A Field Trip Back in Time

Andrew Stevenson, Cherokee Creek Boys School Teacherby Andrew Stevenson, Social Studies Teacher, Cherokee Creek Boys School

We just completed a field trip that was in conjunction with a unit covered in class on the Industrial Revolution. In class, we’ve been focusing upon on individual entrepreneurs, inventors, and political figures from the late 18th century to the early 20th century. On the field trip we delved more into what life might have been like for an individual who lived during this time period.
Field Trip to Agricultural MuseumWe did this by visiting the Bart Garrison Agricultural Museum of South Carolina in Pendleton.


Activities for our students included:
  • assembly line basics while mass producing paper airplanes;


  • removing seeds and cleaning actual cotton by hand, followed by seeing the machines that were developed during the 19th century to clean cotton;


  • using a basic loom to weave by hand, then studying the much larger industrial loom;


  • students created timelines of inventions from Eli Whitney’s cotton gin up the flight of the Wright brothers as our guides walked us through these inventions’ impact upon society;


  • Field Trip to Agricultural MuseumOutside, students were tasked with removing corn from the kernel by hand versus doing it with simple machines. They also ground the corn into a usable product;


  • Finally, we were taken to their gardens and animal pens where students interacted with American Guinea Hogs and various heritage poultry breeds while learning about animal care.

Field Trip to Agricultural Museum

Throughout all of this students were exposed to various other exhibits including farm implements, water systems, and local exhibits including a list of South Carolina Century farms (farm ownership by the same family over 100 years), including the farm they recently picked muscadines at (shameless plug for the Stevenson farm!).


Also of note, the staff at the agricultural museum were incredibly impressed by our boys and specifically complimented their firm handshakes and inquisitiveness. Our students were great ambassadors of Cherokee Creek Boys School during this trip.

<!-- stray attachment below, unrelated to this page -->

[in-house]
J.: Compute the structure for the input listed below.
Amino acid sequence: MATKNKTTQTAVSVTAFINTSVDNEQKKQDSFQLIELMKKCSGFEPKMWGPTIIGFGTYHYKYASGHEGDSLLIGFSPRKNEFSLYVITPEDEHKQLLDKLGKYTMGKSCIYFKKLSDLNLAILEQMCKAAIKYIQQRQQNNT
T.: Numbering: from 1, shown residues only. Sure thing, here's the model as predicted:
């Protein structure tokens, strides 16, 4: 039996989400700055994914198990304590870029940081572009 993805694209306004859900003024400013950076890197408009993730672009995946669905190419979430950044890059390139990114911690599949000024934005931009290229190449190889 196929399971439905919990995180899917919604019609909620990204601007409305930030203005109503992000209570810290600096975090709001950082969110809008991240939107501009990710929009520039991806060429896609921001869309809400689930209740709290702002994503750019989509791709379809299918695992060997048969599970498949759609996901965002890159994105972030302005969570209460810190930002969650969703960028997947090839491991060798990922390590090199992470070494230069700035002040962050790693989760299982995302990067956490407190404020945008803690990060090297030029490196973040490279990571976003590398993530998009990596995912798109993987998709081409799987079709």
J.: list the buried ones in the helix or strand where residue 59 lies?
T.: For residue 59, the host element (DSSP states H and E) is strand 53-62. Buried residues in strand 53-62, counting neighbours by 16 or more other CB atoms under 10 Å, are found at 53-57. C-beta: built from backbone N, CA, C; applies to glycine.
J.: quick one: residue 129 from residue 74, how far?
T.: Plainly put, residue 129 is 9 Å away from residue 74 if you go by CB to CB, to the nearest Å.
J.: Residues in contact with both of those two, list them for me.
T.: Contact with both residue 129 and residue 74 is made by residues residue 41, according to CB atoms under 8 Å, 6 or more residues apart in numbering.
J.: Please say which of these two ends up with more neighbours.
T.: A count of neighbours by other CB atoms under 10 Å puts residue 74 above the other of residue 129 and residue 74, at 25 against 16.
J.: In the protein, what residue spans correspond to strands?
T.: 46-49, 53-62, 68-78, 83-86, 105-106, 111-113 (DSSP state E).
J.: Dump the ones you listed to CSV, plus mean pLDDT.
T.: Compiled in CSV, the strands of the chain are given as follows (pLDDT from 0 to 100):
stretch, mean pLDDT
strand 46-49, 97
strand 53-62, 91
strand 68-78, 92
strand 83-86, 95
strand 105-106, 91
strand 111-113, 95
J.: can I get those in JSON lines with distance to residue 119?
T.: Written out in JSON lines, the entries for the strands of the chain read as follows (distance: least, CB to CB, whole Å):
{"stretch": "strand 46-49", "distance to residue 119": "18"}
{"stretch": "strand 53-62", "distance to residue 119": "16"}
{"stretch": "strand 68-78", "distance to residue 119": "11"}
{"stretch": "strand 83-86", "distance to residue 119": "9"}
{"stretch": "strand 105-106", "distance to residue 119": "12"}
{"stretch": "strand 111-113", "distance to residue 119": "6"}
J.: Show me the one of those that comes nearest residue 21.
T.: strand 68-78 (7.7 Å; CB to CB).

posted by jleslie in Uncategorized and have Comment (1)

A Different Lens

Academic Dean Denise Savidge

Academic Dean Denise Savidge

This past Monday, Language Arts dovetailed with Current Events and History as the news of the death of Osama Bin Laden became the topic of the day. Most of the boys here at CCBS were 2-4 years old when 9/11 occurred, too young to remember the event itself and to experience the shockwave of emotions that overtook the nation at the time. But many knew someone who was affected by the tragedy in some way and had very strong opinions on it.

The natural reaction expected from the boys was received: the, “justice was served,” “he got what he had coming,” and “I’m glad he’s dead,” comments were numerous. But then the discussion went another way…the boys researched and viewed the celebrations that were held near the White House and in Times Square. They read the backstory of the Navy Seal operation and the history of Al Qaeda ad Bin Laden himself. They heard of the woman who lost her life as a human shield for a terrorist. All the appropriate news sources were fair game for digging in and finding the story without YouTube assistance.

The boys were then asked to rethink the situation and decide how the celebrations fit with their own personal values and the values expressed in our Lessons of the Medicine Wheel: How did the people involved show Love, Truth, Courage and Wisdom? Were they behaving as Visionaries, Warriors, Teachers and Healers?

Their words are inspiring:

We need our leaders to tell the truth without blame or judgement. We also need our leaders to be insightful to see what the terrorists could be thinking before they do it. We need the people to be healers. We need to be loving and lovable…we need to shine the way when all other lights go out. To our country’s thinkers, they need to be wise and trust that we’ll find the way and be flexible to whatever could happen. We can make this country stronger than it has ever been before. -AB

I think the celebration of the death of Bin Laden does not fit well with any of the four levels of CCBS. I think (that) solemnity would fit more. With the Visionary you are supposed to accept his death. For Teacher…you are supposed to be trusting. Therefore, you can trust the US Military and all of our armed forces. Healer would be most relevant because you are supposed to be forgiving, therefore forgive what he has done even though it would be really hard because of everything he has done. -SD

They (the people celebrating) are not being Teachers, because if we are celebrating someone dying, what are we teaching a kid and everyone that looks up to us? -MH

Each of us has our opinion about the recent events surrounding Bin Laden’s death. The exercise was not meant to bias our students one way or another, but to offer an opportunity for them to think for themselves, to examine this story through a different lens and to apply their understanding of the medicine wheel to a world event. I was impressed by the seriousness they brought to the assignment…and look forward to watching these bright young men continue to grow!

posted by jleslie in Discovering What is Real and True and have Comment (1)